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An introduction to Natural Flood Management (NFM) Techniques
08 Oct 2021 16:01     A+ | a-
‘Natural Flood Management (NFM) takes inspiration from nature, catching and detaining storm water where it falls, increasing ‘roughness’ across all parts of the catchment, to reduce flood risk. NFM measures should be many and small, installed across wide areas, at a landscape or catchment scale.’ – An introduction to Natural Flood Management Techniques, West Wolds Slow the Flow & Slow The Flow Calderdale

2B has helped West Wolds Slow the Flow and Slow The Flow (Calderdale) to create a new resource on Natural Flood Management, and the ways of implementing it, in terms that everyone can understand.

The document collates information from a range of existing resources, each of which are valuable in their own right but often contain a lot of detailed, technical information, aimed at professionals in the field. Local flood group members just starting to find their way in the NFM world may want to know more but, without a background in this sector, many of the existing resources could be overwhelming.

Our aim was to provide a guide that condenses the key information, for anyone wanting to find out the basics about NFM.

The guidance gives a quick overview of what NFM is and why we should be doing it. A table has been created to clearly show how easy or difficult each measure is to implement and maintain. The difficulty is split into 3 levels, and this is then shown on the individual measure sheet as a reminder, and to allow quick comparison.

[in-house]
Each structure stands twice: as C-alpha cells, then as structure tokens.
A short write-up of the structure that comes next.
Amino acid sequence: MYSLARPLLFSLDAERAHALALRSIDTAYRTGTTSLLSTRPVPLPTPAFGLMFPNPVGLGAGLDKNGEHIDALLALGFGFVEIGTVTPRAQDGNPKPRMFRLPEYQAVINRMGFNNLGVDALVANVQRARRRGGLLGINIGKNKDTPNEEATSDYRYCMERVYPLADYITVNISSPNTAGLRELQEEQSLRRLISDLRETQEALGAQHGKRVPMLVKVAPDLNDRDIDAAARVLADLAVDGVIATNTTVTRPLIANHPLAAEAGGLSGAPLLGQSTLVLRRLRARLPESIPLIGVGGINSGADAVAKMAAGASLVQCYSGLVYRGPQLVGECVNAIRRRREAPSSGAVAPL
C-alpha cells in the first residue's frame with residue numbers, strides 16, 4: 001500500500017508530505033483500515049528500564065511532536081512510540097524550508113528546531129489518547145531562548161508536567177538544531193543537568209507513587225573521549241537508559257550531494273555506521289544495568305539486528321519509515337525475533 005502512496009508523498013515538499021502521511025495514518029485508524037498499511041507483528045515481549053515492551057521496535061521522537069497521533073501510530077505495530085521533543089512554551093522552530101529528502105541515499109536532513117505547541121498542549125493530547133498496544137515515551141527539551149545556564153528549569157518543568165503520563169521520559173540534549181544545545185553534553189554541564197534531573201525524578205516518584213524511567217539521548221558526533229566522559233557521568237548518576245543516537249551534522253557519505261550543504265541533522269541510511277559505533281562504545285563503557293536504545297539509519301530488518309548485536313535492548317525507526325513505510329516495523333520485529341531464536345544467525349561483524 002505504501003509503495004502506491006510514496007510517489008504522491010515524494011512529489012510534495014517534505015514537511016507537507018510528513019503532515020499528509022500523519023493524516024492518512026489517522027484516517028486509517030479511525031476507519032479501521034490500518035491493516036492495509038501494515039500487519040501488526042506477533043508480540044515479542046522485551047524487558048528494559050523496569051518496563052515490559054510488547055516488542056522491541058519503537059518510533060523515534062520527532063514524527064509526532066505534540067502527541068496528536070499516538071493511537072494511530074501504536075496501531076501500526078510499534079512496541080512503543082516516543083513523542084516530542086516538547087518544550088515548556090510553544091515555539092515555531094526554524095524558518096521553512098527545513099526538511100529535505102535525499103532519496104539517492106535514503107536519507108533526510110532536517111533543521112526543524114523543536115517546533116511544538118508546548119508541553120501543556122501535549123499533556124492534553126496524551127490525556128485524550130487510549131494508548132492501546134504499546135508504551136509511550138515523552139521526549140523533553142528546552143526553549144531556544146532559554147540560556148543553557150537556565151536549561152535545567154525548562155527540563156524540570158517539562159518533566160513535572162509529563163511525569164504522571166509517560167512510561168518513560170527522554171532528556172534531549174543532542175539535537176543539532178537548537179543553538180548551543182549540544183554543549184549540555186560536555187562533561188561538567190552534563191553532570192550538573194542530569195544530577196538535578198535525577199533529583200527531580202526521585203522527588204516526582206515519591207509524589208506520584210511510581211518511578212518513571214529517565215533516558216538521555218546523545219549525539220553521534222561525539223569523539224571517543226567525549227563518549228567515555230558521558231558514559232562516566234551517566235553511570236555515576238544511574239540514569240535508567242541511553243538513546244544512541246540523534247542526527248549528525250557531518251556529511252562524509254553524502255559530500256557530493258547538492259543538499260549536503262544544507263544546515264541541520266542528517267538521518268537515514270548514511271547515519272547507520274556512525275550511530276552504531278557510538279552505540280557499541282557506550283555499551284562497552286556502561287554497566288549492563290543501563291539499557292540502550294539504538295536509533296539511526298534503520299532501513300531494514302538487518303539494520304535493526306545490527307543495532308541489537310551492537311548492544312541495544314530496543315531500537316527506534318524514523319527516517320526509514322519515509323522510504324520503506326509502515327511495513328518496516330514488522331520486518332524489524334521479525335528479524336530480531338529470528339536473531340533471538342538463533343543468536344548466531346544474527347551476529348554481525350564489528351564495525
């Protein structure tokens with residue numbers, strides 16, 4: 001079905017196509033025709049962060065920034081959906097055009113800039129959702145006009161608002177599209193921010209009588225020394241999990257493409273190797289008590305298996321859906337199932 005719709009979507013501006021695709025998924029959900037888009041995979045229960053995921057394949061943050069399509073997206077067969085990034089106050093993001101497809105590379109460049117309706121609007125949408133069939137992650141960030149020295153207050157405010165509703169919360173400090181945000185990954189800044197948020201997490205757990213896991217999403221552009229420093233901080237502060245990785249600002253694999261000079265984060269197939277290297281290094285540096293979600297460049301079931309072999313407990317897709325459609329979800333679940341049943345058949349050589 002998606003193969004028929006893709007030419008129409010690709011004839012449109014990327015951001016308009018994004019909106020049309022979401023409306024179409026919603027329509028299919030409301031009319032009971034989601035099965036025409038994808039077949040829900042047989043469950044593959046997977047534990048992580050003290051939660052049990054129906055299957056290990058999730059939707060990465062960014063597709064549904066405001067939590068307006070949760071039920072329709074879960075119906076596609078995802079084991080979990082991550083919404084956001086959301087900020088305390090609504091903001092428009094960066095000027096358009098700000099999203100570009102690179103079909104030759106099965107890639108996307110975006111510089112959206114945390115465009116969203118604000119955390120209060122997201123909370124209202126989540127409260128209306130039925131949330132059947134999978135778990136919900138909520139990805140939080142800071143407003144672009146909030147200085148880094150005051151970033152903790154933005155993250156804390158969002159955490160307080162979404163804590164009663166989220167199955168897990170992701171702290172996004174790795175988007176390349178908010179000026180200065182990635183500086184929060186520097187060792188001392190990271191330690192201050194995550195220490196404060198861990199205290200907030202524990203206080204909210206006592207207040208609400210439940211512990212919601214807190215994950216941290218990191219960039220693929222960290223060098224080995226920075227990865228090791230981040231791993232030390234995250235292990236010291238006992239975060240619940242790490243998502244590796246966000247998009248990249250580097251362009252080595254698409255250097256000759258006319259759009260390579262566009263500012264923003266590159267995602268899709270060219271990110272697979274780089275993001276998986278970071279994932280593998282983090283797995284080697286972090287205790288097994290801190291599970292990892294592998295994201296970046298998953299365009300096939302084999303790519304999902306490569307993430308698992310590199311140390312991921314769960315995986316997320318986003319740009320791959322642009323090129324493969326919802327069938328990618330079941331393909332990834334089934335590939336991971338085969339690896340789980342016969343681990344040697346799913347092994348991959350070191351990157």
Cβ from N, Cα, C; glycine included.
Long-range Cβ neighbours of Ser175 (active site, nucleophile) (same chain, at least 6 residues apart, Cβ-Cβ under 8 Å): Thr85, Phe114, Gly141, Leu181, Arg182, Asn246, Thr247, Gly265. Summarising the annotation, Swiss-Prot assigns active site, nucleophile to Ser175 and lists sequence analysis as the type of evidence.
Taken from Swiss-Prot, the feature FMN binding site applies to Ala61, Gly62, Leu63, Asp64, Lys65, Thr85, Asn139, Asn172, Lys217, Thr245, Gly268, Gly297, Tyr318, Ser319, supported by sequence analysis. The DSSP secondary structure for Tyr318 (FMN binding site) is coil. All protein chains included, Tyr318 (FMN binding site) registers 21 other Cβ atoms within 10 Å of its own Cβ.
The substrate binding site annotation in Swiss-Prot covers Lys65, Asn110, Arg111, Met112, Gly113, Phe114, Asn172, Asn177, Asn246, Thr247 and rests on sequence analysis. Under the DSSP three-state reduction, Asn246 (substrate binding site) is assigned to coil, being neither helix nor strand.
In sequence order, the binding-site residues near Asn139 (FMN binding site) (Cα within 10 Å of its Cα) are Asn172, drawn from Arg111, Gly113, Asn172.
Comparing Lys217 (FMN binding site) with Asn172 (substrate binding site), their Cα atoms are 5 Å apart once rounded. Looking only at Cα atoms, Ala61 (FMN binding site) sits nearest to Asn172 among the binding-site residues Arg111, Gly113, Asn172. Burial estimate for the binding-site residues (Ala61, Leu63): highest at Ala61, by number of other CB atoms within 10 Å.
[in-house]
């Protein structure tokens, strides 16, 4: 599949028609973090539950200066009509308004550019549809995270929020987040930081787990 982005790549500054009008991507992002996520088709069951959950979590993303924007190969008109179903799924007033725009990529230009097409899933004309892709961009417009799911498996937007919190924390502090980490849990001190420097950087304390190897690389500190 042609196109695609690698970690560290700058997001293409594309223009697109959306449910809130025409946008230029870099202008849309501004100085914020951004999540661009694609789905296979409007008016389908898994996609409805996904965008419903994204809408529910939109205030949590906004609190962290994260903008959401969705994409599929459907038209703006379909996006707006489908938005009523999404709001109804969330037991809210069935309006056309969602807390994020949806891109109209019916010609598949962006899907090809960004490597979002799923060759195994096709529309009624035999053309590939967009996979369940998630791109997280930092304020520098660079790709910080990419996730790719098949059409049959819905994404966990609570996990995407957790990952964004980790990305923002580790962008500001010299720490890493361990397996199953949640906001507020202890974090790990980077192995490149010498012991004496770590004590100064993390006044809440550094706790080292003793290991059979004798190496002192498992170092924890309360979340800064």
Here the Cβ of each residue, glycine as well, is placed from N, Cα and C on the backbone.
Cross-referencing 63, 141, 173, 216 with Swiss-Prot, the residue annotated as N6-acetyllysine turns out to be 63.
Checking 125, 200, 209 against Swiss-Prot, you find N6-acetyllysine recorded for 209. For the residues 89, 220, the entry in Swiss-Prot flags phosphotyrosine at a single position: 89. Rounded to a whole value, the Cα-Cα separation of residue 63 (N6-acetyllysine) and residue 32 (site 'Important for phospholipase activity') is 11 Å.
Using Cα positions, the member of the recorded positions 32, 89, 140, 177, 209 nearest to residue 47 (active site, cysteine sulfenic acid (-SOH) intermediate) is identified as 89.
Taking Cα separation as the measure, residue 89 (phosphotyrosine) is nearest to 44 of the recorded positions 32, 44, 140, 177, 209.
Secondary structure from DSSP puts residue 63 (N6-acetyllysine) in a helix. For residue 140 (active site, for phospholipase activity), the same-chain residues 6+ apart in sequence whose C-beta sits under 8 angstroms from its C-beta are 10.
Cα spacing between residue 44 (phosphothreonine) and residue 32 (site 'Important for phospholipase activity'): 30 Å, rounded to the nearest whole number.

The NFM measures covered in the publication are as follows:
  • Catchment Woodland
  • Riparian & Floodplain Woodland
  • Cross-slope Woodland & Hedgerows
  • Soil & Land Management
  • Leaky Barriers
  • Storage Ponds & Basins
  • River & Floodplain Restoration
  • Headwater Management

Each NFM technique has a dedicated page in the document, stating its level of complexity, and a visual 'top trumps' rating of relative benefits and costs, for easy comparison with the other techniques. There is a simple drawing and short description of the technique, along with photos of its use in the real world, and a short summary on how it helps to slow the flow.

At the end of the guidance we have collated some useful links to further in-depth information on NFM, for anyone interested in learning more.

Download the document from the West Wolds Slow the Flow website, or view as html content on the Slow The Flow website.
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